LAST week, Tanzania presented its report to the African Union (AU) governance assessment body, the African Peer Review Mechanism (APRM) in Addis Ababa, Ethiopia. President Jakaya Kikwete reiterated his government's commitment to its policy of zero-tolerance on corruption.
Mr Kikwete told members of APRM that the government will continue strengthening institutions dealing with corruption such as the Prevention and Combating of Corruption Bureau (PCCB).
The president rightly told the APRM members that since taking office in 2005, the government has taken to task many corrupt elements. The anti-graft campaign in the country has evidently spared no one because even senior government officials have landed in court. Those prosecuted included ministers, permanent secretaries, ambassadors and other government executives.
Corruption can generally be described as moral impurity or deviation from ideals. The vice has many shades and may consist of many activities including bribery and embezzlement. In government or politics, corruption occurs when an officeholder or other employee acts in an official capacity for his or her own personal gain.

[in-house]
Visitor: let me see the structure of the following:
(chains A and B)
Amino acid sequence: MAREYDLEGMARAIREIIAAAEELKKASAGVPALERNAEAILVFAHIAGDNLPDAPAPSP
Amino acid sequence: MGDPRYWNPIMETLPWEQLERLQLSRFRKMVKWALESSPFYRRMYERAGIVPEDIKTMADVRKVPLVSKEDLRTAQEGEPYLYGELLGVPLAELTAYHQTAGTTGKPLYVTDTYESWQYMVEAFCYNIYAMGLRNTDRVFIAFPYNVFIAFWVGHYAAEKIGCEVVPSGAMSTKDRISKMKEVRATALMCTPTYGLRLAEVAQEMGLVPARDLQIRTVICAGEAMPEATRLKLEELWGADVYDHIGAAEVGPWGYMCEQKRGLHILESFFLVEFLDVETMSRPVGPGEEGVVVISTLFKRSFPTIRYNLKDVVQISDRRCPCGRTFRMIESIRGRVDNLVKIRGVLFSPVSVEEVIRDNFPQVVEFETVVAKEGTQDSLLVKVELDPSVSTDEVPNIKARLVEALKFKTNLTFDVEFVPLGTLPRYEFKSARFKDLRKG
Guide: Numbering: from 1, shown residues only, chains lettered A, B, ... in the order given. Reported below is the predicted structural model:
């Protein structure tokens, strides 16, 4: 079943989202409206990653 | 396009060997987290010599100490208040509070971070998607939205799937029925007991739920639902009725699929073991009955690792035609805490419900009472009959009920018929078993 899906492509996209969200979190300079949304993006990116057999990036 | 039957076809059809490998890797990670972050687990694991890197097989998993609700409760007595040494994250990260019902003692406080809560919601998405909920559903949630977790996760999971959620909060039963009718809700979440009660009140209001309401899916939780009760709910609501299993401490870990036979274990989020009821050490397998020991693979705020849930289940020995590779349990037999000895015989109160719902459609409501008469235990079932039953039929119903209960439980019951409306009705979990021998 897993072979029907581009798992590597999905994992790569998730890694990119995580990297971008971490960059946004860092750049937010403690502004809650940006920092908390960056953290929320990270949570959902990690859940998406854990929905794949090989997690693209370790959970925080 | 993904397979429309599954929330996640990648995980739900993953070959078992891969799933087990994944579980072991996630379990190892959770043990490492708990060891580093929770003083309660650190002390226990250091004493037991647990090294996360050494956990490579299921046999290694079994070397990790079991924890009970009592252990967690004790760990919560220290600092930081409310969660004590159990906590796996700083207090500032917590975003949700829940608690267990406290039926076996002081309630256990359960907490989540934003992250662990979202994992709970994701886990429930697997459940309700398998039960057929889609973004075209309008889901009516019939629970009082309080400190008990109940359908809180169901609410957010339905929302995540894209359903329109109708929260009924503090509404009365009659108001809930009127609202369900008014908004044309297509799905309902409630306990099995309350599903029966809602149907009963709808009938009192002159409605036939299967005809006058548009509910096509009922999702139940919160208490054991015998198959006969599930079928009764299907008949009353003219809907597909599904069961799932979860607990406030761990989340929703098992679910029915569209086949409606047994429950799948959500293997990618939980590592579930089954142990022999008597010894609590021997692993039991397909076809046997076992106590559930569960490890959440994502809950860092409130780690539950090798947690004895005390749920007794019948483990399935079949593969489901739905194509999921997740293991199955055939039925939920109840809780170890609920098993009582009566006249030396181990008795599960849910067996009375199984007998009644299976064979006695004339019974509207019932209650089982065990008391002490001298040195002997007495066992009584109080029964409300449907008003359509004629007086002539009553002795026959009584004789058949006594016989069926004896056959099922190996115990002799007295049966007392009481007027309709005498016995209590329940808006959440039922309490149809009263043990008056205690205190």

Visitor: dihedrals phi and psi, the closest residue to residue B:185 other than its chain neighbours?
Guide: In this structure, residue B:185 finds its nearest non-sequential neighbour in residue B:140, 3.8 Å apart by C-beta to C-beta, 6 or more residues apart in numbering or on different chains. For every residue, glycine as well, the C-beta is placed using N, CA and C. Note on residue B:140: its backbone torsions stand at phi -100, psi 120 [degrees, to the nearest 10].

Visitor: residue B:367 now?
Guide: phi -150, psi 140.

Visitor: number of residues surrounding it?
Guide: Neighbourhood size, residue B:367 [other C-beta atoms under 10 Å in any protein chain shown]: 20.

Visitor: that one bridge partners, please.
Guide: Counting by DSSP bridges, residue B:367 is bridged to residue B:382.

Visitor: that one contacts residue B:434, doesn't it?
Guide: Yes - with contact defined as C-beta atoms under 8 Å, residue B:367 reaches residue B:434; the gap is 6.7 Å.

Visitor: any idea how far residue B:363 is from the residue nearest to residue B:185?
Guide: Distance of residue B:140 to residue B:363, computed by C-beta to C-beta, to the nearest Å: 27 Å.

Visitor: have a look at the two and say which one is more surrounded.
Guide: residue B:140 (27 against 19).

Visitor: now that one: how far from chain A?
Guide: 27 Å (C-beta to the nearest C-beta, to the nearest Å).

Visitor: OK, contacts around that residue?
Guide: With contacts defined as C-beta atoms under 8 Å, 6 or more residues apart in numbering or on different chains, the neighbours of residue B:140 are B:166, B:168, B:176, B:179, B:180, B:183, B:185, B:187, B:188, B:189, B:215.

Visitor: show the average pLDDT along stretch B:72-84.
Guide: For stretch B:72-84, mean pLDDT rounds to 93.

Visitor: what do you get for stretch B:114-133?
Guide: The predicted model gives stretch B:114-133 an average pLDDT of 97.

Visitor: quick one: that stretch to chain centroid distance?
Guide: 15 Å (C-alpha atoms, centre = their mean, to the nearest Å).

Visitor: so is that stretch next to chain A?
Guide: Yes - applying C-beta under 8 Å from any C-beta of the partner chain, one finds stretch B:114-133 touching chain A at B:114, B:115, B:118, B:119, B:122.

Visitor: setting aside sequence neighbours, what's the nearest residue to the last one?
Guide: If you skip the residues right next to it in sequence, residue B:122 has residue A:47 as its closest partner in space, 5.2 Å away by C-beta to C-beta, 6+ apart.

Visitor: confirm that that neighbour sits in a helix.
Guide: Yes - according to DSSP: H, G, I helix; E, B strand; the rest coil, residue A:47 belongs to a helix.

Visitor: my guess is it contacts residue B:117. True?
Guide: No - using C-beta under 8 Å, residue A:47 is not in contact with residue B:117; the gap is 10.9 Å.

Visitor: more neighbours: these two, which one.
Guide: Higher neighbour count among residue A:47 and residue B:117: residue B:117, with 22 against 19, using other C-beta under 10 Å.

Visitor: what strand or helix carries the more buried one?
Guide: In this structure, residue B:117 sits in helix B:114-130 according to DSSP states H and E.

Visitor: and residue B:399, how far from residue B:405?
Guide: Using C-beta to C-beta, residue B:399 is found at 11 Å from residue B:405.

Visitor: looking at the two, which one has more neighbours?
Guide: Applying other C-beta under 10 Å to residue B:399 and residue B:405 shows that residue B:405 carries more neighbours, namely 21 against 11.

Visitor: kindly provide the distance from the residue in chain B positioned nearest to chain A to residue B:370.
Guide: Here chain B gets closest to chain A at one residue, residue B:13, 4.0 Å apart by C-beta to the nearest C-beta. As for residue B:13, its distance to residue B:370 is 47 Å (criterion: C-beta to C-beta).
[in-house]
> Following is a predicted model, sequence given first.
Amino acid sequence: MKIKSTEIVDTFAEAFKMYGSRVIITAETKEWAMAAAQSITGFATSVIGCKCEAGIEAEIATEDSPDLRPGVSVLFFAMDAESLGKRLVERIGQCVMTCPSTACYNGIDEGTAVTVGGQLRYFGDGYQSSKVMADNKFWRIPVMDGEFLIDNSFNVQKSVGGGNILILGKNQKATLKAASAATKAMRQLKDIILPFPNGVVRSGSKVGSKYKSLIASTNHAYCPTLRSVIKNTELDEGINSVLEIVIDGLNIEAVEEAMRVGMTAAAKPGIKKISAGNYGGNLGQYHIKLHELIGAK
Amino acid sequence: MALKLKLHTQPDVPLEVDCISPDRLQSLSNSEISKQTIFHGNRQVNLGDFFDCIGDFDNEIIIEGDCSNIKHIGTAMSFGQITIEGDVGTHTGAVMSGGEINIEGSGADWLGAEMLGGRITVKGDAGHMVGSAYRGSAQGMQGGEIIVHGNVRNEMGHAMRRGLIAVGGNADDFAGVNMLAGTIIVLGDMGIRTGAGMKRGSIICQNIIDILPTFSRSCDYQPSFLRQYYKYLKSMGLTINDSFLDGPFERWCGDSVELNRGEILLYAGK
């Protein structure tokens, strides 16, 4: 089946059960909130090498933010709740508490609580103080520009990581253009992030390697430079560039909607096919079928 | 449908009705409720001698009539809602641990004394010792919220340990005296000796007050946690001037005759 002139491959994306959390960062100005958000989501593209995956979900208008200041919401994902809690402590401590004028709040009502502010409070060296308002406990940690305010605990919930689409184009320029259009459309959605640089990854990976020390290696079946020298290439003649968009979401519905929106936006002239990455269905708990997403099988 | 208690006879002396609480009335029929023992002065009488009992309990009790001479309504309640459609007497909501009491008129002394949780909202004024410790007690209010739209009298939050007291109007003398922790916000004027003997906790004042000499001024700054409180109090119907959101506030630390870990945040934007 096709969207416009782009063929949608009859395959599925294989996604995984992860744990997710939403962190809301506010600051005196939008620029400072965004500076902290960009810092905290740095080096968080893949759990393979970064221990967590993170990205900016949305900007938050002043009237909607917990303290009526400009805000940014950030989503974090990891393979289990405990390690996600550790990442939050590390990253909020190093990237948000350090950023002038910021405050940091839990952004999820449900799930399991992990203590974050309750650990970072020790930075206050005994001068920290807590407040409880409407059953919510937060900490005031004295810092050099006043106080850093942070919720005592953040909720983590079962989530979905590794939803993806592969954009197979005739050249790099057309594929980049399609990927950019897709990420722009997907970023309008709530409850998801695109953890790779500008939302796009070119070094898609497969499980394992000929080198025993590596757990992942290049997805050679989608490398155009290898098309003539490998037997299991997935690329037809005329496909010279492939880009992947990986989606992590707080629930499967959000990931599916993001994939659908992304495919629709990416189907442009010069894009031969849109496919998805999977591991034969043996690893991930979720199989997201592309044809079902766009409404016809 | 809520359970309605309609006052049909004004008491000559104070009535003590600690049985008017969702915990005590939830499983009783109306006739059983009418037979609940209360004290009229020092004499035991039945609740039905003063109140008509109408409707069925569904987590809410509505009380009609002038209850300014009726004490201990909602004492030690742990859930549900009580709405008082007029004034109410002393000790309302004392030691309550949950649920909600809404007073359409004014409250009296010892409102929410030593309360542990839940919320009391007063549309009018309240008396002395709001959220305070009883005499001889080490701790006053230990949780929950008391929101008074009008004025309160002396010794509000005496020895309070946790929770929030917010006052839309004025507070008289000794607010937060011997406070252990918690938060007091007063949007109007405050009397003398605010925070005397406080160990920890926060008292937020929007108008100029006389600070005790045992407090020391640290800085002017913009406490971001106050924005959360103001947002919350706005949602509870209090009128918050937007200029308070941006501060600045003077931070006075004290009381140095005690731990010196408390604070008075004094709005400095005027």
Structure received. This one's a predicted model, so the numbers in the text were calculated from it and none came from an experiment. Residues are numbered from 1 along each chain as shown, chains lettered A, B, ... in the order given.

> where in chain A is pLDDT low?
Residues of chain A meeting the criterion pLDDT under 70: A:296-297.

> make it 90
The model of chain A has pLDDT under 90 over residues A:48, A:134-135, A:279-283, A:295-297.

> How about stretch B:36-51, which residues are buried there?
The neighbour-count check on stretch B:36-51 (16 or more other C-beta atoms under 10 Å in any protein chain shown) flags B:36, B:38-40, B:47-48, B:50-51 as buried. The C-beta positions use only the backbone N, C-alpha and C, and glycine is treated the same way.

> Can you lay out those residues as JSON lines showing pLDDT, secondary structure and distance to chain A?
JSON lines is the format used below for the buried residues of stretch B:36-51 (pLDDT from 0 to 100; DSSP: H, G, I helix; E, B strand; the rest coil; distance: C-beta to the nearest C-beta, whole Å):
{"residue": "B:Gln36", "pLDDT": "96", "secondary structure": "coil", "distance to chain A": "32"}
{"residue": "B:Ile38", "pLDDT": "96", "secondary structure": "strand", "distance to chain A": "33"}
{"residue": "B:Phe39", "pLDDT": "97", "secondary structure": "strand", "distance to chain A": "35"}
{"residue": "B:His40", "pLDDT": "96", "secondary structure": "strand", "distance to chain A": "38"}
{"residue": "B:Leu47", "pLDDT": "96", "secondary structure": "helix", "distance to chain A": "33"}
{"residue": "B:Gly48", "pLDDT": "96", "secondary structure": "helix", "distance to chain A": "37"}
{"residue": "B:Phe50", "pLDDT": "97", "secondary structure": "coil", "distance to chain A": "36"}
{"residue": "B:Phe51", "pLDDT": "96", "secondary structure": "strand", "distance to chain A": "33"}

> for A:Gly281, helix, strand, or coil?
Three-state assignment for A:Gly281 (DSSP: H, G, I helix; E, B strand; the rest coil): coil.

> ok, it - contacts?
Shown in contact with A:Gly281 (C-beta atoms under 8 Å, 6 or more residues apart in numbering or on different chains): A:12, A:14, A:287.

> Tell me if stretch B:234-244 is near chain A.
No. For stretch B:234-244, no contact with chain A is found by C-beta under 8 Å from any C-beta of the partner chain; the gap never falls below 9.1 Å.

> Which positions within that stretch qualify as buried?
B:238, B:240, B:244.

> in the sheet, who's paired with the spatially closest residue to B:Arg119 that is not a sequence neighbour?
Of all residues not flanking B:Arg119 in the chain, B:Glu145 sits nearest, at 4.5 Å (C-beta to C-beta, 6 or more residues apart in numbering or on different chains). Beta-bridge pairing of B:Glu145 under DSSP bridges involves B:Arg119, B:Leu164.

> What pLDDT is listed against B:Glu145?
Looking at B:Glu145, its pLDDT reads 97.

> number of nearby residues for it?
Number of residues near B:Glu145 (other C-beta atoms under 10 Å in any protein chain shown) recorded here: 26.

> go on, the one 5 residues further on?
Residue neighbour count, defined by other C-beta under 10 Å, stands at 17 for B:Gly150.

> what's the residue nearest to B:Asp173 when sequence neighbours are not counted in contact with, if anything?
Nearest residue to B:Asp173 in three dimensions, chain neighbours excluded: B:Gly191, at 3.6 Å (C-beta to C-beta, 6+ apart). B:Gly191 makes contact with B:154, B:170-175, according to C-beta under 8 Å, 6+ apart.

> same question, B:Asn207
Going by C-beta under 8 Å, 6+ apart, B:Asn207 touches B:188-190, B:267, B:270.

It is not a secret that corruption has taken root in the country and bad elements, despite being few, are widespread featuring in many sectors including the police, hospitals, judiciary and education. In the Police Force, there are stories of foul play where criminals collude with officers before committing crimes and other extort money from motorists.
There are allegations that people land in court charged with fabricated offences for failure to provide what is described as "cooperation" to corrupt officers. In public hospitals, there are allegations that nurses and medics often fail to deliver their best to patients who do not loosen their purses.
In such a situation the war against corruption must be intensified and should involve everyone to make Tanzania a better place to live. It is hoped that all government officials, politicians, clerics and the ordinary 'wananchi' will vigilantly and jointly work together in tackling corruption.